Jacques Marquette and Louis
Jolliet searched together and found the waters of the
Mississippi River. They were the first Europeans to
follow the course of the river.
Jacques Marquette (also known as
Father Marquette) was a Catholic missionary and explorer.
He was born in Laon, France. In 1666 came to
Québec, Canada and learned Indian languages. From
1669 to 1671 he worked in missions in Sault Sainte Marie
(Michigan) and La Pointe (Wisconsin). Around this time,
he first met Louis Jolliet, who was trading with Indians
in the same area.
Jolliet was a French-Canadian
trader and explorer. Jolliet was born near Québec
City and raised in a Jesuit seminary. In 1668 he decided
that he didn't want to become a priest and he became a
trader with the Indians instead. From 1669 to 1671
Jolliet explored a lot of the Great Lakes region. During
that time he became a great map maker, also worked as a
fur trader, and met Marquette.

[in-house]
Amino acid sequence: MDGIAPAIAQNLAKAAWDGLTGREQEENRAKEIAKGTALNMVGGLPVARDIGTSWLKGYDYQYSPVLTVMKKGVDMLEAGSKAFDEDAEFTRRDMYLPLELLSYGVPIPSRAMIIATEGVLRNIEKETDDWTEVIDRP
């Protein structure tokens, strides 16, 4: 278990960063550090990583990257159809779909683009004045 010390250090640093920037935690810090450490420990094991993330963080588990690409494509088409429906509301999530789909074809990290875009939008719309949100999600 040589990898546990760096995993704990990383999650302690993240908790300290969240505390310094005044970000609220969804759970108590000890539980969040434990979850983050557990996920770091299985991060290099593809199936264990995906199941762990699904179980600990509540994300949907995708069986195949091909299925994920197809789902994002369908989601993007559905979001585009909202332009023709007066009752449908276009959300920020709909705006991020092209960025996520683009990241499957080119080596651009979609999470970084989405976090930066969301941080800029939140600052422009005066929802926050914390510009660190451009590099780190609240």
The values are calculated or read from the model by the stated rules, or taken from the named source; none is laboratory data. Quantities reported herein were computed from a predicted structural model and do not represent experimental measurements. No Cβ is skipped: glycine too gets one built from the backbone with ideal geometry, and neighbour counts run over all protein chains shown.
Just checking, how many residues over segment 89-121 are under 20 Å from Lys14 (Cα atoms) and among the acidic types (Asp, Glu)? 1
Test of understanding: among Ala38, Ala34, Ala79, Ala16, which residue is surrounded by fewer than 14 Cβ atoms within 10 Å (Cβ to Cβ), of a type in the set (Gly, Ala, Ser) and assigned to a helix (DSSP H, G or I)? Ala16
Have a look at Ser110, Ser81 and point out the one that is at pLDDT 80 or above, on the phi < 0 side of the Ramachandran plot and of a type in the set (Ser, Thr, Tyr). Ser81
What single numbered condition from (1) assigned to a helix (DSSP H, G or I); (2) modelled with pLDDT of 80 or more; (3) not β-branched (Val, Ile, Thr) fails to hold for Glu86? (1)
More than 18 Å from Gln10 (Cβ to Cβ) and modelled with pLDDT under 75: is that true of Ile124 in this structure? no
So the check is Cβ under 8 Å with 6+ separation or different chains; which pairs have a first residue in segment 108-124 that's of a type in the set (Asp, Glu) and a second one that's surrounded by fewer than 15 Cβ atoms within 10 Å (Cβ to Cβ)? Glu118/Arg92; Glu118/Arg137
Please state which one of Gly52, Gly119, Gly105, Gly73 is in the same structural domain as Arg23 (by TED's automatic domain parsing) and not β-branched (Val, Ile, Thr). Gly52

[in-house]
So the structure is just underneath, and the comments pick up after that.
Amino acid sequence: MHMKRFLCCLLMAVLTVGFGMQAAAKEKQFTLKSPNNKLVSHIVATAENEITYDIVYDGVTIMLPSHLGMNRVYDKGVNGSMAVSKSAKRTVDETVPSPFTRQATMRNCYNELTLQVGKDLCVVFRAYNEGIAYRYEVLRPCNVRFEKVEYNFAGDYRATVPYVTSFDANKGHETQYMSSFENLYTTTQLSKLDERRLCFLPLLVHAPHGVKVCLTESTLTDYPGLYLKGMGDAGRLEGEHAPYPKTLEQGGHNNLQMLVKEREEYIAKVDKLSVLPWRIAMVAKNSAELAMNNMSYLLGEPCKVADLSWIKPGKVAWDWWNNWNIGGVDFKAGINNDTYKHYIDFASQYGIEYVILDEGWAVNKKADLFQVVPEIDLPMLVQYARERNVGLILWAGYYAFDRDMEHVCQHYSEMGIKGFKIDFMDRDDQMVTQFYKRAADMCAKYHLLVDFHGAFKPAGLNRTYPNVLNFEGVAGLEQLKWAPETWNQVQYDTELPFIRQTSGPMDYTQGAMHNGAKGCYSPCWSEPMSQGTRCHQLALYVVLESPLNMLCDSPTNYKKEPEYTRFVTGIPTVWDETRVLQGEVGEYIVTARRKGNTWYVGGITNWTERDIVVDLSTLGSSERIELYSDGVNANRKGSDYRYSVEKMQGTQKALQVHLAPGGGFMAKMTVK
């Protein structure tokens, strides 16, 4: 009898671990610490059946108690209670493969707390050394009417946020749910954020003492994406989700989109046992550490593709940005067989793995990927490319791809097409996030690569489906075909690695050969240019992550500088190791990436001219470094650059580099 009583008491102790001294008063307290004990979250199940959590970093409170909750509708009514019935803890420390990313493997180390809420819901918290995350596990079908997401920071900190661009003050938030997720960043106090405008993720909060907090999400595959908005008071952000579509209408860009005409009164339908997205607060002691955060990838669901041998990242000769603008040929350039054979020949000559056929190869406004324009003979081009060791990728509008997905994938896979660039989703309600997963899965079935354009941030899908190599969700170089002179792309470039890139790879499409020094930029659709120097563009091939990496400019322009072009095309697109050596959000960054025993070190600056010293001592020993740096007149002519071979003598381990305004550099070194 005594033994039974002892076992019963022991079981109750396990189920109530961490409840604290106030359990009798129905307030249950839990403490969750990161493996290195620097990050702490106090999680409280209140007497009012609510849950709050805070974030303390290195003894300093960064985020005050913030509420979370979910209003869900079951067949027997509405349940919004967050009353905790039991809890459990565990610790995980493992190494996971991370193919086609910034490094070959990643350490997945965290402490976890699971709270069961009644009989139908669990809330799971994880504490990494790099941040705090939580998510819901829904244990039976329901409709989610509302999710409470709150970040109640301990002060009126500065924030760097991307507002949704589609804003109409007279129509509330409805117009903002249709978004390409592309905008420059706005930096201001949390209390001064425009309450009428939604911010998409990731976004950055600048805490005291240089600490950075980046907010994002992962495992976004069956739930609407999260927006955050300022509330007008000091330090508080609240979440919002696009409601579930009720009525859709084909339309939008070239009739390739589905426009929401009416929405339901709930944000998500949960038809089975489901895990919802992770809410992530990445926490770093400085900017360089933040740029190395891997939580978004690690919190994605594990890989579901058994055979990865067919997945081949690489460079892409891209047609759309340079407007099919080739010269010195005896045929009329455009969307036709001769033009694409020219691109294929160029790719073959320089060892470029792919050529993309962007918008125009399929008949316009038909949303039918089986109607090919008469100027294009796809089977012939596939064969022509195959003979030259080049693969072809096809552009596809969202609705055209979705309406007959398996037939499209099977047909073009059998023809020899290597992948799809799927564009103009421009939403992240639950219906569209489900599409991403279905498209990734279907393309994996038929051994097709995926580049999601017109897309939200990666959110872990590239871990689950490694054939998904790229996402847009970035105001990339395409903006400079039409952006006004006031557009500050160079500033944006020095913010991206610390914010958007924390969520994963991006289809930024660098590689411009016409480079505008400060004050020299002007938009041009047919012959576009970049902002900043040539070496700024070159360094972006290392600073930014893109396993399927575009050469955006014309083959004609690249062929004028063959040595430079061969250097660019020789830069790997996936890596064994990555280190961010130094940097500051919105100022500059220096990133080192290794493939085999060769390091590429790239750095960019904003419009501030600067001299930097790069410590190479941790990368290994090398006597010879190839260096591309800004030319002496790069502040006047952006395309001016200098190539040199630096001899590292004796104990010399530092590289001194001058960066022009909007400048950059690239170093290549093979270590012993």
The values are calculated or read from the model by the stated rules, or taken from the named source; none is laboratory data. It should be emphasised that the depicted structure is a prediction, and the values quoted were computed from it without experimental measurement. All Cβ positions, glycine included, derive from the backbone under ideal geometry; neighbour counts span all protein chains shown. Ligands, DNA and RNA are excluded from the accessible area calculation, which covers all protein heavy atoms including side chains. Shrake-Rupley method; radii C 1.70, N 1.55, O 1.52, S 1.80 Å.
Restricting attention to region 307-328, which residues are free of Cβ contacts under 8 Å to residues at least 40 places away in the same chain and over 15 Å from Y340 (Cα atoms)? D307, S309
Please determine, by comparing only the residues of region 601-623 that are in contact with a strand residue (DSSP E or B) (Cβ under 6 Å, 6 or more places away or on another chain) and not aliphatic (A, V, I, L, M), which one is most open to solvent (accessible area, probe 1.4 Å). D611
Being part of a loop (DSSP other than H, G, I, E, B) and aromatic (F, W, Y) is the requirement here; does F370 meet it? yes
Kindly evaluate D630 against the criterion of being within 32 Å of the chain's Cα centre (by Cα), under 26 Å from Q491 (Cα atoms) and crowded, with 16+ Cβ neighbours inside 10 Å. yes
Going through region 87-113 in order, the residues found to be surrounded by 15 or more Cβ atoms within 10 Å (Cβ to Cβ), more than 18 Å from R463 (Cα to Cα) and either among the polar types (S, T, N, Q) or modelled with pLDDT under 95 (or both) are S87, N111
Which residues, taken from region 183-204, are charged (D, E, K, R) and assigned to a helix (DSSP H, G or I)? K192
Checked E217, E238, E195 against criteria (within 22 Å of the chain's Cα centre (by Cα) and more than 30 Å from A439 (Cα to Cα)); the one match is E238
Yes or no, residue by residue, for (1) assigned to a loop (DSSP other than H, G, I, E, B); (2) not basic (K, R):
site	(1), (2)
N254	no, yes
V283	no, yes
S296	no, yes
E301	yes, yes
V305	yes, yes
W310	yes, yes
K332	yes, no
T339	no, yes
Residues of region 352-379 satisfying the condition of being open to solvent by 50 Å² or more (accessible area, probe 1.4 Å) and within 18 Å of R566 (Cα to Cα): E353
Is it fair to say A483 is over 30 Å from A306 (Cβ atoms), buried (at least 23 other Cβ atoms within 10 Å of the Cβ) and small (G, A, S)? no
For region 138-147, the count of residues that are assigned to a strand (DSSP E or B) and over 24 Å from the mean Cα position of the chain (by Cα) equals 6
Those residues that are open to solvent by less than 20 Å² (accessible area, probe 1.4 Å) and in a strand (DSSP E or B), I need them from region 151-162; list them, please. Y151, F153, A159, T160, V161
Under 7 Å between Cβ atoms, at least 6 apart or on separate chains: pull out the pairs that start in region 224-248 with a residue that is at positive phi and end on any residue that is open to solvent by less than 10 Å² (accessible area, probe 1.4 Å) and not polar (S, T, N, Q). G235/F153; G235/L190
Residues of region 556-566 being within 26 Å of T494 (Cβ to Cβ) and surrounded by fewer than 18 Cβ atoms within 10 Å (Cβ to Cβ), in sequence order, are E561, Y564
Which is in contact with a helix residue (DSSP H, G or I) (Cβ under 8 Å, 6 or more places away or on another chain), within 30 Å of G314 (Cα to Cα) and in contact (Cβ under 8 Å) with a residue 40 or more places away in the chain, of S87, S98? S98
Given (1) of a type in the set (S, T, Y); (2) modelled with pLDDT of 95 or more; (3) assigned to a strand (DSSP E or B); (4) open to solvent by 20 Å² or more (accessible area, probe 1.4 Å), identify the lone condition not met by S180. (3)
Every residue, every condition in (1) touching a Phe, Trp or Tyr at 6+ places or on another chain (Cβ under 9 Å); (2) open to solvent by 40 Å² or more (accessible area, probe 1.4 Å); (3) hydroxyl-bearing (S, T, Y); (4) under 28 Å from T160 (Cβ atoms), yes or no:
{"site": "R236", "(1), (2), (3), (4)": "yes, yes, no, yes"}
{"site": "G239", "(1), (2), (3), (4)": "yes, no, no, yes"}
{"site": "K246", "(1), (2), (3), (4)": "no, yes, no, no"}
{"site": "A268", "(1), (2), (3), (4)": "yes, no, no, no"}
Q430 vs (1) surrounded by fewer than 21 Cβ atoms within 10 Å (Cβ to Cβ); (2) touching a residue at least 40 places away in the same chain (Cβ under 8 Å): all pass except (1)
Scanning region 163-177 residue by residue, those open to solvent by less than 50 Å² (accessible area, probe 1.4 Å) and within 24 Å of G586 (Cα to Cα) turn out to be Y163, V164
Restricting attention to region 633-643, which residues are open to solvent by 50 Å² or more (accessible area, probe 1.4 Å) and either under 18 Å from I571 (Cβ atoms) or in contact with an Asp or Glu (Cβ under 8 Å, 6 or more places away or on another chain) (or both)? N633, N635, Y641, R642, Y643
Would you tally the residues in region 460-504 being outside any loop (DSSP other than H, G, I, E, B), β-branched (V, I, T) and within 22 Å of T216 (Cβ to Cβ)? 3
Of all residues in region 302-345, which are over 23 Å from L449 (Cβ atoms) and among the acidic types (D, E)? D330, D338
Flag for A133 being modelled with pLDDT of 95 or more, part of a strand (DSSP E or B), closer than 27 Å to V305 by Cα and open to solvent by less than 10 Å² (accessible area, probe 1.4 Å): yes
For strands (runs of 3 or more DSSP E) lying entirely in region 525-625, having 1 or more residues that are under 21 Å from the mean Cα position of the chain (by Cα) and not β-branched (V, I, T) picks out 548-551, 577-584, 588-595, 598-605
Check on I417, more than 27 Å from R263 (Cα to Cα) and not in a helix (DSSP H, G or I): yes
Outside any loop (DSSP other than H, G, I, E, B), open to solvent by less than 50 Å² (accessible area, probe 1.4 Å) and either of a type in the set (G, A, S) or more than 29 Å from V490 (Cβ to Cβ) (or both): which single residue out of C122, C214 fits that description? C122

In 1672, Jolliet was named leader
of an expedition that would explore the northern part of
the Mississippi River the following year. Jolliet asked
Father Marquette to be the chaplain of this group. Along
with five others, Jolliet and Marquette crossed Lake
Michigan, and explored the Fox and Wisconsin Rivers,
before reaching the Mississippi River. They followed the
Mississippi southward past the mouth of the Arkansas
River, then returned northward.
After the expedition, Marquette
stayed by Lake Michigan and Jolliet returned to
Québec. Father Marquette preached among the
Illinois Indians until his death in 1675.
On his way back to Québec,
when Jolliet was on Lake Michigan, his canoe turned over
and all his precious maps and journals of his trips were
lost, but he was able to replace most of the information
from memory. Later, he explored other parts of Canada,
such as Labrador and Hudson Bay. Louis Jolliet died in
1700 at the age of 55.